Today’s Thoughts: “Something greater than the temple is here.” A line from our Gospel today (Matt. 12:1-8) and we might be tempted to think it was meant only for those to whom Jesus is speaking. But it is meant for us here and now. We might not have Jesus standing in our midst, but we have his Spirit with us and it is greater than any temple, any church or any cathedral. The challenge is the same for us as it was for those who gathered to listen to Jesus; we need to recognize the presence and the Spirit of God in our midst.
Jesus gives us a clue on how to make sure that we don’t miss the presence of God. The clue is to be people of mercy. People a tune to and compassionate towards the struggles, challenges, difficulties and failings of others and ourselves. People willing to help and not judge; people willing to be compassionate and not self-righteous. People willing to include not exclude.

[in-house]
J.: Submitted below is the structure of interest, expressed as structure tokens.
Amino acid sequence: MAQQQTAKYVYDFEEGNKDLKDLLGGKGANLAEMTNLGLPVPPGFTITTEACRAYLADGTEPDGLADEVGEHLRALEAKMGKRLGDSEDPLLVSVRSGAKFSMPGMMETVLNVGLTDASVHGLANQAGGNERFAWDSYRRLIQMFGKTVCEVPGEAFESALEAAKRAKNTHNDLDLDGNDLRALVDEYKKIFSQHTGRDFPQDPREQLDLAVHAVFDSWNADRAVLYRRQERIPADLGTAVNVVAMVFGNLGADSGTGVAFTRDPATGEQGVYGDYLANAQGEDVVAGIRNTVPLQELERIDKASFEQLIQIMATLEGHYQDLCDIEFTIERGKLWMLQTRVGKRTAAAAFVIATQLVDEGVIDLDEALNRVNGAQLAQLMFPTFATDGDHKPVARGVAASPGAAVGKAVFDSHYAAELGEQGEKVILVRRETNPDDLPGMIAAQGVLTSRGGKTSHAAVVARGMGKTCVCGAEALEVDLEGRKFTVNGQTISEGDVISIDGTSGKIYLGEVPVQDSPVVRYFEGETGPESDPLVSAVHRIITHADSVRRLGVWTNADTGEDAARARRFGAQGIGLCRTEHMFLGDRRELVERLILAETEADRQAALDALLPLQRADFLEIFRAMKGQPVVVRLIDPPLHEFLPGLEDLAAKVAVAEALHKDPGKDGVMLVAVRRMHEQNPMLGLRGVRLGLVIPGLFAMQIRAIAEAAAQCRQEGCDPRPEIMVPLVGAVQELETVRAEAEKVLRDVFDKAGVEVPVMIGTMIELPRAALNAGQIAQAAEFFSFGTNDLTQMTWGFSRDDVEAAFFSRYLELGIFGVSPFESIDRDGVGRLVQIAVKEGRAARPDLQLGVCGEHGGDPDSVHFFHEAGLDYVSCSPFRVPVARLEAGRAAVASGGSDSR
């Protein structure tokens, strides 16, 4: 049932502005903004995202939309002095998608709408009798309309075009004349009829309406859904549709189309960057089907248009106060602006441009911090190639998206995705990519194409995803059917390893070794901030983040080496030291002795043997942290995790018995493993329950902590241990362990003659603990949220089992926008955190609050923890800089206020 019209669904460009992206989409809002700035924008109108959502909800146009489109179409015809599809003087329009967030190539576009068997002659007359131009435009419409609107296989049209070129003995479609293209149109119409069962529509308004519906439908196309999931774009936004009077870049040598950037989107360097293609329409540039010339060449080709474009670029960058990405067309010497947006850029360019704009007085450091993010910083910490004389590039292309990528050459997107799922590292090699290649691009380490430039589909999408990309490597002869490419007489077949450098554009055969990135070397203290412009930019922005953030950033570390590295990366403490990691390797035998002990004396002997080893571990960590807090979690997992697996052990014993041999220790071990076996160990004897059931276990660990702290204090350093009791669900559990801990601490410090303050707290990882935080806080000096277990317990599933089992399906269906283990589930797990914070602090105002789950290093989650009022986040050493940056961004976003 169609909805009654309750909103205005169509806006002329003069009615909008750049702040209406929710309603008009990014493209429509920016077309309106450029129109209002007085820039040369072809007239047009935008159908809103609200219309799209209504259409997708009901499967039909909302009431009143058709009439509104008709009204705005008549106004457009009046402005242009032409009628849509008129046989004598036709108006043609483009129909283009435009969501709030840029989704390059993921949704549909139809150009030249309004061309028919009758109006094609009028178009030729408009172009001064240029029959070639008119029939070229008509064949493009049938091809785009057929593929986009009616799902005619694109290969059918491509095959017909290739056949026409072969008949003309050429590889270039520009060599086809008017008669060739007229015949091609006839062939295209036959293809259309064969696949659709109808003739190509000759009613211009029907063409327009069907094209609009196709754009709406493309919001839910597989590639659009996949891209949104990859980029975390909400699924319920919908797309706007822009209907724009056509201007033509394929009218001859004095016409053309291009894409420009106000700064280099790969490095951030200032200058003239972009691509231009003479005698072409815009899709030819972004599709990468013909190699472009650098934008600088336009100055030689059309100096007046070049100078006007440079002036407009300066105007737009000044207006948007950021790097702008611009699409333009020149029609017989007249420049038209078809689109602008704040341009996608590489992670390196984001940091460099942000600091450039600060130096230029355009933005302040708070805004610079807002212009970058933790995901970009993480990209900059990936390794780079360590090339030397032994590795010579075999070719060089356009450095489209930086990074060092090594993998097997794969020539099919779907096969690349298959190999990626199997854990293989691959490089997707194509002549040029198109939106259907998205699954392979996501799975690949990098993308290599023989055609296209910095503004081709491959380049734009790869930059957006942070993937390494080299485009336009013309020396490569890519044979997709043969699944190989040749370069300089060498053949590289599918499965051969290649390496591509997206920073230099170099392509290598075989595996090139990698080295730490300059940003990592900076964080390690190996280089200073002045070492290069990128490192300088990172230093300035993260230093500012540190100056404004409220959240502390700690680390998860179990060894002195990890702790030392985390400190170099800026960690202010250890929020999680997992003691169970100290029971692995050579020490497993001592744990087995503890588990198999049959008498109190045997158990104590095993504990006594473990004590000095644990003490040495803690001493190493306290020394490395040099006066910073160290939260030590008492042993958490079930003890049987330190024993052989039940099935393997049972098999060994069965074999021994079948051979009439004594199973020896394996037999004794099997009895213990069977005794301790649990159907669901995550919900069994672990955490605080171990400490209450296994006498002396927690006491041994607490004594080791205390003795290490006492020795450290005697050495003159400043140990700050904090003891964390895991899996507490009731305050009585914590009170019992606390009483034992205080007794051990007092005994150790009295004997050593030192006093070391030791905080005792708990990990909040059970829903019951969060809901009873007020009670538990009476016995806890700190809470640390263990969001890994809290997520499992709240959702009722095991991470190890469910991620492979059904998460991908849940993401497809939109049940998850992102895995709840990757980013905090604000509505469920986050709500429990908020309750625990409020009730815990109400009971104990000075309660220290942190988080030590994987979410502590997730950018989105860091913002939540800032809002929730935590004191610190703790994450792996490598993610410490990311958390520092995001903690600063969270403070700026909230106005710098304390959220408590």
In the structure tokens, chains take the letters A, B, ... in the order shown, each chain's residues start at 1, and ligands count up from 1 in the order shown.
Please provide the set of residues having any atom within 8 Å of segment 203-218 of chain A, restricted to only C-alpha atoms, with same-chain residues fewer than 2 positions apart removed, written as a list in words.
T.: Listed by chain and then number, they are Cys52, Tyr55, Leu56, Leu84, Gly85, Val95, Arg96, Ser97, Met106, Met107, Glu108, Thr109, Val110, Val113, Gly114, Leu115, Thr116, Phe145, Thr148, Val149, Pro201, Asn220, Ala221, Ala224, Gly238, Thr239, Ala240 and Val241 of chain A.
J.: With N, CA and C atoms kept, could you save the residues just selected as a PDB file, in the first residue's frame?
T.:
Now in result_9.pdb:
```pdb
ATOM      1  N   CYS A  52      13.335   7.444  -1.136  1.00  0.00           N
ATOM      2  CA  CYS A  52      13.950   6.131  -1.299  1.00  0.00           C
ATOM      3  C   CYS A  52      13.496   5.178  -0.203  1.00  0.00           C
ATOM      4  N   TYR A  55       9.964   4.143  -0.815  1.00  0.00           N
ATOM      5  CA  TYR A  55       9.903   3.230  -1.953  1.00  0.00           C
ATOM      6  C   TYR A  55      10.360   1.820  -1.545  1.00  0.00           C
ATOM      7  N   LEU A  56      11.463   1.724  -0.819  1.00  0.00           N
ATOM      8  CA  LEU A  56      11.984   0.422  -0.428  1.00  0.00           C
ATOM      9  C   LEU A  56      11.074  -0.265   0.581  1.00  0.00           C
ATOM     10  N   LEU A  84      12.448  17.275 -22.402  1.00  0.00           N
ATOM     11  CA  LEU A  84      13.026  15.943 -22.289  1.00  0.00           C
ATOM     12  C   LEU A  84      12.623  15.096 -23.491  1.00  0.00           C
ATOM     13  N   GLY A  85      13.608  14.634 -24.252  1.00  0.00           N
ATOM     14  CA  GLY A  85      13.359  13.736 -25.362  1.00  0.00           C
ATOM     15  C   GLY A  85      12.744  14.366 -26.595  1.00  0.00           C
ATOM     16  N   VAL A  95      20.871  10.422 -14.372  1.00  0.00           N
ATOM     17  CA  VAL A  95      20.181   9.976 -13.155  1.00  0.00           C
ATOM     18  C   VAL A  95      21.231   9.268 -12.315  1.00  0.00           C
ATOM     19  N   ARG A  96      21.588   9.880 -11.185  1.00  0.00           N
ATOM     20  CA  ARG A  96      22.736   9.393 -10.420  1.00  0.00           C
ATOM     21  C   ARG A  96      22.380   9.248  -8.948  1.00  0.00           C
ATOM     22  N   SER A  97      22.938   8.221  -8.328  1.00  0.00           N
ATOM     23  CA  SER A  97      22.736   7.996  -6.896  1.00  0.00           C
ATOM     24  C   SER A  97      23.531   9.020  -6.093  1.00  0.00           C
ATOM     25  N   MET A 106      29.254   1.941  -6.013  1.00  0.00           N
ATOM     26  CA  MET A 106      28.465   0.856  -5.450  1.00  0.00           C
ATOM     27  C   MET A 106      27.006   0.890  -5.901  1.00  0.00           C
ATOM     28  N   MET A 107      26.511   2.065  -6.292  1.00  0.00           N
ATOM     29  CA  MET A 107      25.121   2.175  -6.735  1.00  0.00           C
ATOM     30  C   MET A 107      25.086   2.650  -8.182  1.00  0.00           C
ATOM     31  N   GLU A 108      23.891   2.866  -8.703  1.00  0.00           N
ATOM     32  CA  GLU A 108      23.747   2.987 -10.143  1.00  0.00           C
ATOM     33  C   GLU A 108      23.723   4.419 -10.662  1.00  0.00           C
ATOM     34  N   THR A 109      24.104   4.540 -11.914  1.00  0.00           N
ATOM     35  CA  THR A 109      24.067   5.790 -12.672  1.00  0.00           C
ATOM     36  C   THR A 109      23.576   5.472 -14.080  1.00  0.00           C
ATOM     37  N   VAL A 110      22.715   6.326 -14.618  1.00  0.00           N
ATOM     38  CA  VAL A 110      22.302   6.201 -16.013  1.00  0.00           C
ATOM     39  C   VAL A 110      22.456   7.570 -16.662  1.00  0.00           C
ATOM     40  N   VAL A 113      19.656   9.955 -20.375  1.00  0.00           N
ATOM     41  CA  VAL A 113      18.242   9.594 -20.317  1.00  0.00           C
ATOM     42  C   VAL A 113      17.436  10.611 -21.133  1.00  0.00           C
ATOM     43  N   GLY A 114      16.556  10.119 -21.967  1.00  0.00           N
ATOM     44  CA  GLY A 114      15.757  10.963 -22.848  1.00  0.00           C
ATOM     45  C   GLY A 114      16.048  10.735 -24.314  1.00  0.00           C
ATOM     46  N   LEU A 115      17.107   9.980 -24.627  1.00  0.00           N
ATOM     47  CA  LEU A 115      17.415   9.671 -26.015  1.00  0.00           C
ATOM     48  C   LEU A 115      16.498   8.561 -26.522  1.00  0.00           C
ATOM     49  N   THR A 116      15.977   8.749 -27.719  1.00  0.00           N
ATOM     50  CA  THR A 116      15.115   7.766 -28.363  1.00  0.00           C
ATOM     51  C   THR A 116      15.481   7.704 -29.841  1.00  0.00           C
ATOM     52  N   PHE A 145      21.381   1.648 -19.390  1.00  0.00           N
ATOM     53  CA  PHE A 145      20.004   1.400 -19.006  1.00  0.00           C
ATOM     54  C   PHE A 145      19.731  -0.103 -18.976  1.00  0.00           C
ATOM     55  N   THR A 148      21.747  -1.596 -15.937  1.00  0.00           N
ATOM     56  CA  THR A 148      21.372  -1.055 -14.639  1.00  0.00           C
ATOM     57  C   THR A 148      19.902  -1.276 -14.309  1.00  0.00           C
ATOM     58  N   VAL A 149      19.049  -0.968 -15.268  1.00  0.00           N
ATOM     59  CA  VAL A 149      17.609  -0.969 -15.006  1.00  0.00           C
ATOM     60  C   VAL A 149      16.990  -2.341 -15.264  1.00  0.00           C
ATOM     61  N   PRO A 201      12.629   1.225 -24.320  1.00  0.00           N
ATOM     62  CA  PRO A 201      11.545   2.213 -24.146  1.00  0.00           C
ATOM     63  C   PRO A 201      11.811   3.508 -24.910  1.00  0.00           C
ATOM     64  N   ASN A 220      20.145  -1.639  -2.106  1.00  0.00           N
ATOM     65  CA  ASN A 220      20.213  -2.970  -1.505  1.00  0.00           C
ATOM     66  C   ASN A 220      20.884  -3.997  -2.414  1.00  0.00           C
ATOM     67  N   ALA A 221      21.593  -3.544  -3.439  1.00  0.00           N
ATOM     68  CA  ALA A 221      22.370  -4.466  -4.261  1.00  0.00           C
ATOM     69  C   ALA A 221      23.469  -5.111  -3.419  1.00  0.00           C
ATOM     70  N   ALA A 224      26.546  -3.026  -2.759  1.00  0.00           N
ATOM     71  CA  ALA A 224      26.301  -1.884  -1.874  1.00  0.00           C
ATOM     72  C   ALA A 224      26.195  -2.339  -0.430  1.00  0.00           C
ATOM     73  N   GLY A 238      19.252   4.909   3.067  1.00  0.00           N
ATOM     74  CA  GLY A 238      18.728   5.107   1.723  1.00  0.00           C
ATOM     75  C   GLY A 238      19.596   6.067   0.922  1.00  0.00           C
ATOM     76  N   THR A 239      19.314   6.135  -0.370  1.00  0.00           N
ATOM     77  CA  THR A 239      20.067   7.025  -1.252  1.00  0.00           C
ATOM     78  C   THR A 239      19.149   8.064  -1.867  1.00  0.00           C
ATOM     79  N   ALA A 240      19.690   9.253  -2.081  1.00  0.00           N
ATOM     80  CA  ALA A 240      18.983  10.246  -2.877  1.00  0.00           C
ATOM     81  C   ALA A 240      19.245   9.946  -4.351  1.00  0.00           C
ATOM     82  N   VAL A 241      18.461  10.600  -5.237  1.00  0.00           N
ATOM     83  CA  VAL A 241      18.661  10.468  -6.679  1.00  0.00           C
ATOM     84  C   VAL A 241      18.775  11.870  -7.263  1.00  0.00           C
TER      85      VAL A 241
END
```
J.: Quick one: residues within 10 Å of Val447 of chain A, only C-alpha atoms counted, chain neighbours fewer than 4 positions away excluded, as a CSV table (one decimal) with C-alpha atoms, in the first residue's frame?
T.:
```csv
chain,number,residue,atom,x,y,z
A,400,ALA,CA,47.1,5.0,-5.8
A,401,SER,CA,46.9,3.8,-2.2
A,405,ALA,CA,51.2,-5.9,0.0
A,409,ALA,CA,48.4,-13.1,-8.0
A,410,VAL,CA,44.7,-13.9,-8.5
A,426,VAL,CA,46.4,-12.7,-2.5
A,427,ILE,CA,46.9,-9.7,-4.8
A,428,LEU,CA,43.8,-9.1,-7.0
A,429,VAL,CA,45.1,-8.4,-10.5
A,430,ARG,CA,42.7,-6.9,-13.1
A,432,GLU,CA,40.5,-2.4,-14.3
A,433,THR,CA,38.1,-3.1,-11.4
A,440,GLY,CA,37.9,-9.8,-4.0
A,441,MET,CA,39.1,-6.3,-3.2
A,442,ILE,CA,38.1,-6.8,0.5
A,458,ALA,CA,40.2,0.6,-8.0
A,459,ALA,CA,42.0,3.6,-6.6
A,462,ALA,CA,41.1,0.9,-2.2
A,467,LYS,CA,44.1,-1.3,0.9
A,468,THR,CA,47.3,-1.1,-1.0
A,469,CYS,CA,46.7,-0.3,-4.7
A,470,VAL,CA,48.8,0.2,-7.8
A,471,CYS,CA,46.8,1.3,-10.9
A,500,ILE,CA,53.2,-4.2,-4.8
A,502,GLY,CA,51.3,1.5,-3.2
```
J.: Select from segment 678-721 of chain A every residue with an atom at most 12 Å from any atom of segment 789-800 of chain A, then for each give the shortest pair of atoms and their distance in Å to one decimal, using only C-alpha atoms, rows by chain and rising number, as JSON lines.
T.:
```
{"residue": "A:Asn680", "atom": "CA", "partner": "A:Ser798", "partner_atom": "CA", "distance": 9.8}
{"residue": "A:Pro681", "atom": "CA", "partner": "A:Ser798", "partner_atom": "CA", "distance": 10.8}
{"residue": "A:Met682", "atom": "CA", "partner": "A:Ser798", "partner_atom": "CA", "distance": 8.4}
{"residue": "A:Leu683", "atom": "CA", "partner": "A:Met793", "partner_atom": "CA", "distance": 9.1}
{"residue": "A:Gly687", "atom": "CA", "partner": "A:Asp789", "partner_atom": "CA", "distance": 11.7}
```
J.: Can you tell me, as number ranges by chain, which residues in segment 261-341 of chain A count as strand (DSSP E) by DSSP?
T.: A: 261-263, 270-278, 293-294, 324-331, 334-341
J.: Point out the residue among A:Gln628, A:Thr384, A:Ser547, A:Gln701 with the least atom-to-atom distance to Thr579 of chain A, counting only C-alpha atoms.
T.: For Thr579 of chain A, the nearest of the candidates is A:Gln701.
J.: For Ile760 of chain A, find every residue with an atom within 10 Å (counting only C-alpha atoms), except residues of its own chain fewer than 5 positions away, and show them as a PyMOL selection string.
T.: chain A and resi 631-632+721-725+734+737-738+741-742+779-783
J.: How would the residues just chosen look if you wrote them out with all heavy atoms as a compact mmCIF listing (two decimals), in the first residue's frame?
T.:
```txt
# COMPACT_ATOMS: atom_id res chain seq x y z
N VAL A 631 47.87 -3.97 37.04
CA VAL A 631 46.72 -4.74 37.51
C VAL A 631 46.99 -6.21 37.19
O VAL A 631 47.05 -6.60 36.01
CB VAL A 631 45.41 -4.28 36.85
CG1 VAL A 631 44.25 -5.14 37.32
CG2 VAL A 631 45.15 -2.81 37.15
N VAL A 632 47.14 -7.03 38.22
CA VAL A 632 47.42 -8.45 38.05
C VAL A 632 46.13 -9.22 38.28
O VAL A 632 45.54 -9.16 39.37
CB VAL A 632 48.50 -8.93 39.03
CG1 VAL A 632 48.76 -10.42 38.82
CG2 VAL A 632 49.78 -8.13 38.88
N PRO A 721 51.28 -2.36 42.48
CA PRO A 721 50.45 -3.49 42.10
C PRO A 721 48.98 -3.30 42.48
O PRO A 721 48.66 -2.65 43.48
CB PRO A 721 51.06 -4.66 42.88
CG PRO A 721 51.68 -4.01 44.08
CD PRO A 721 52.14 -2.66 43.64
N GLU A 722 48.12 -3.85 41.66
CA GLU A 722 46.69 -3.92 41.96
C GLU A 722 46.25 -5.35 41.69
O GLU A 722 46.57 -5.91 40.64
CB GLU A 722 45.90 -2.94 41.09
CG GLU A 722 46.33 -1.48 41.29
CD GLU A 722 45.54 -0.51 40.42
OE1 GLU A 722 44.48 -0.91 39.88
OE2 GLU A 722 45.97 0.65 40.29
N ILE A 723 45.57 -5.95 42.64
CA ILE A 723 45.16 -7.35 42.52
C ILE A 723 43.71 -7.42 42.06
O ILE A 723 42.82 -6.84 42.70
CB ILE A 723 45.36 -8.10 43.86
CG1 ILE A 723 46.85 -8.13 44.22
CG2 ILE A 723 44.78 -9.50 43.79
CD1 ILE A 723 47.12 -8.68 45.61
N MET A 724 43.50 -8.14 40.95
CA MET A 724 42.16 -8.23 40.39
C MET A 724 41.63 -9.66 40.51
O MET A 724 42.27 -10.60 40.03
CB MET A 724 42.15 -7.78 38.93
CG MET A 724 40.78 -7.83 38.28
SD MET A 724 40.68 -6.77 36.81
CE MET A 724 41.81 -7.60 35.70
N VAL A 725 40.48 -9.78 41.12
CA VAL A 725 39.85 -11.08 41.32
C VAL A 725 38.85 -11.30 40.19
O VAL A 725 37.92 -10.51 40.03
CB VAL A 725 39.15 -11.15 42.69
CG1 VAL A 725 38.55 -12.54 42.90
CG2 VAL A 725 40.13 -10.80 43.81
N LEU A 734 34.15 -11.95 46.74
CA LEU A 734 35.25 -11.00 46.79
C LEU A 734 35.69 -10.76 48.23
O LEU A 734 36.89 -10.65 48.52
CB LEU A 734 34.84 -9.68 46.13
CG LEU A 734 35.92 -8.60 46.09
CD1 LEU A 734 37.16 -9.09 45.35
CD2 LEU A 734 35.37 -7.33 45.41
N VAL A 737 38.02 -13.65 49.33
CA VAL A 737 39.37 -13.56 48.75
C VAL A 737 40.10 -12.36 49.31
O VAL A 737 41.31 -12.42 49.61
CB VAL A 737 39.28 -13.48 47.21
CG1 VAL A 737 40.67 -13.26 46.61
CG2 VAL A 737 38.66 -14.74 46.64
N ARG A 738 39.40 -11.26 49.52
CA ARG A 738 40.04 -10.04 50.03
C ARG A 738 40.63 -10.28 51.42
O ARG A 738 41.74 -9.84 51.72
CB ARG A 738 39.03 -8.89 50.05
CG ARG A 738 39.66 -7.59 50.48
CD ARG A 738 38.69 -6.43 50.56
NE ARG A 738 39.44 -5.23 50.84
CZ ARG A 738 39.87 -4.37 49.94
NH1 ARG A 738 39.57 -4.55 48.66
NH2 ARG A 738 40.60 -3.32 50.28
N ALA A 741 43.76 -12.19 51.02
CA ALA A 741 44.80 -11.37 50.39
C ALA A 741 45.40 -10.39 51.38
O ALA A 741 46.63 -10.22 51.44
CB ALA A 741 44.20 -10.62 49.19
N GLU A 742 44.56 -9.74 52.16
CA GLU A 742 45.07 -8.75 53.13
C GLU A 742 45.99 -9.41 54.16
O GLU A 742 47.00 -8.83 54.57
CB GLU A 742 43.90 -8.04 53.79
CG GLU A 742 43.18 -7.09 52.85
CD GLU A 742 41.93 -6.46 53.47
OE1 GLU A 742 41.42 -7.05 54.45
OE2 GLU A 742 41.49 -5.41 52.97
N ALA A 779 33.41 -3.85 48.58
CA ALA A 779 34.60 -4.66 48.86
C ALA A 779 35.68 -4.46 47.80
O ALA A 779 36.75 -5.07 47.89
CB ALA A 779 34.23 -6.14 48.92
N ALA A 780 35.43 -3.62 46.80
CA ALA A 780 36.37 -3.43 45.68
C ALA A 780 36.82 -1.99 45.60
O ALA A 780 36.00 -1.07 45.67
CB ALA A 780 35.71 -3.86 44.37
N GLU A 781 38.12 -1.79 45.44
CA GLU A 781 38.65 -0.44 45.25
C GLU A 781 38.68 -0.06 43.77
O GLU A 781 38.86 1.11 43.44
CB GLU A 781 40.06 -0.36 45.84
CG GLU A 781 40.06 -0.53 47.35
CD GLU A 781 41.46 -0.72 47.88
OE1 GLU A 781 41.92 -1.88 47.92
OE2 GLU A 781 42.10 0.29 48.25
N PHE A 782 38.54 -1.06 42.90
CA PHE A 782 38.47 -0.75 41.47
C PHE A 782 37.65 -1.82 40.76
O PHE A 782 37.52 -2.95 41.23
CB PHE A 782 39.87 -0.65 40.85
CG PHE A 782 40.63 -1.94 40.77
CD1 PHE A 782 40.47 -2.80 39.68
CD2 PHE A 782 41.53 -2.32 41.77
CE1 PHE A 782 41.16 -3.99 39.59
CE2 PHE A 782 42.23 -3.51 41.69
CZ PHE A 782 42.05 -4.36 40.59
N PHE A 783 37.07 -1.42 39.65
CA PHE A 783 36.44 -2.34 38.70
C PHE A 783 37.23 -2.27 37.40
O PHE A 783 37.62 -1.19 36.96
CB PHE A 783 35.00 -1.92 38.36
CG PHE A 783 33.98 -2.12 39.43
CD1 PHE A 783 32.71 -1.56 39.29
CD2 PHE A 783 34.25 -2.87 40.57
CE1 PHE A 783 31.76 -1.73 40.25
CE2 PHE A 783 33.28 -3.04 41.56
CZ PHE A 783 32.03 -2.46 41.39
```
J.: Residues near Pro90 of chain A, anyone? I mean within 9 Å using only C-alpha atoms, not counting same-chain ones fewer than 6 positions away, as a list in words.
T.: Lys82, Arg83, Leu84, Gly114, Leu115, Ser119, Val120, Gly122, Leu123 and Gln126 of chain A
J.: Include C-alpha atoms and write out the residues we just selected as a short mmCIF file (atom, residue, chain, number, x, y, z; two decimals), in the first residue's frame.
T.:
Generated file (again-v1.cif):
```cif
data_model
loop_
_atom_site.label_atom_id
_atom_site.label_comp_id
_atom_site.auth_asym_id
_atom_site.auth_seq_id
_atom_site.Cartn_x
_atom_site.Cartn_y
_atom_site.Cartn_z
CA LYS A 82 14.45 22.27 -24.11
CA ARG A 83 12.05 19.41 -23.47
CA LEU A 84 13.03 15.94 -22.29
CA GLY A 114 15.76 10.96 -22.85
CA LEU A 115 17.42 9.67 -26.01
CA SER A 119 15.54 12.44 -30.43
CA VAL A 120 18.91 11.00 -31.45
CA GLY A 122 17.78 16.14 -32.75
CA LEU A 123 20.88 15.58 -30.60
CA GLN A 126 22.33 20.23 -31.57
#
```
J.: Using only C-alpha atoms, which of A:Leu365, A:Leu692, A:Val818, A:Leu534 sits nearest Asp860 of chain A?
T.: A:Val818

Living life from a stance of compassion and mercy is not always easy; it can be difficult and challenging. However, being a compassionate and merciful person does help us to be ready and open to encounter something greater than ourselves the presence and friendship of God.
Have a great Friday everyone!
Today’s Thoughts: In the Gospel today (Matt 11:28-30) Jesus reminds all of us that we should always come to him, that we should always come to God, when we are troubled and find life burdensome and difficult. Jesus will give us comfort and rest. With Jesus, with God, the struggles, difficulties and burdens of life can be easier. What makes them easier is having faith in our relationship with Jesus.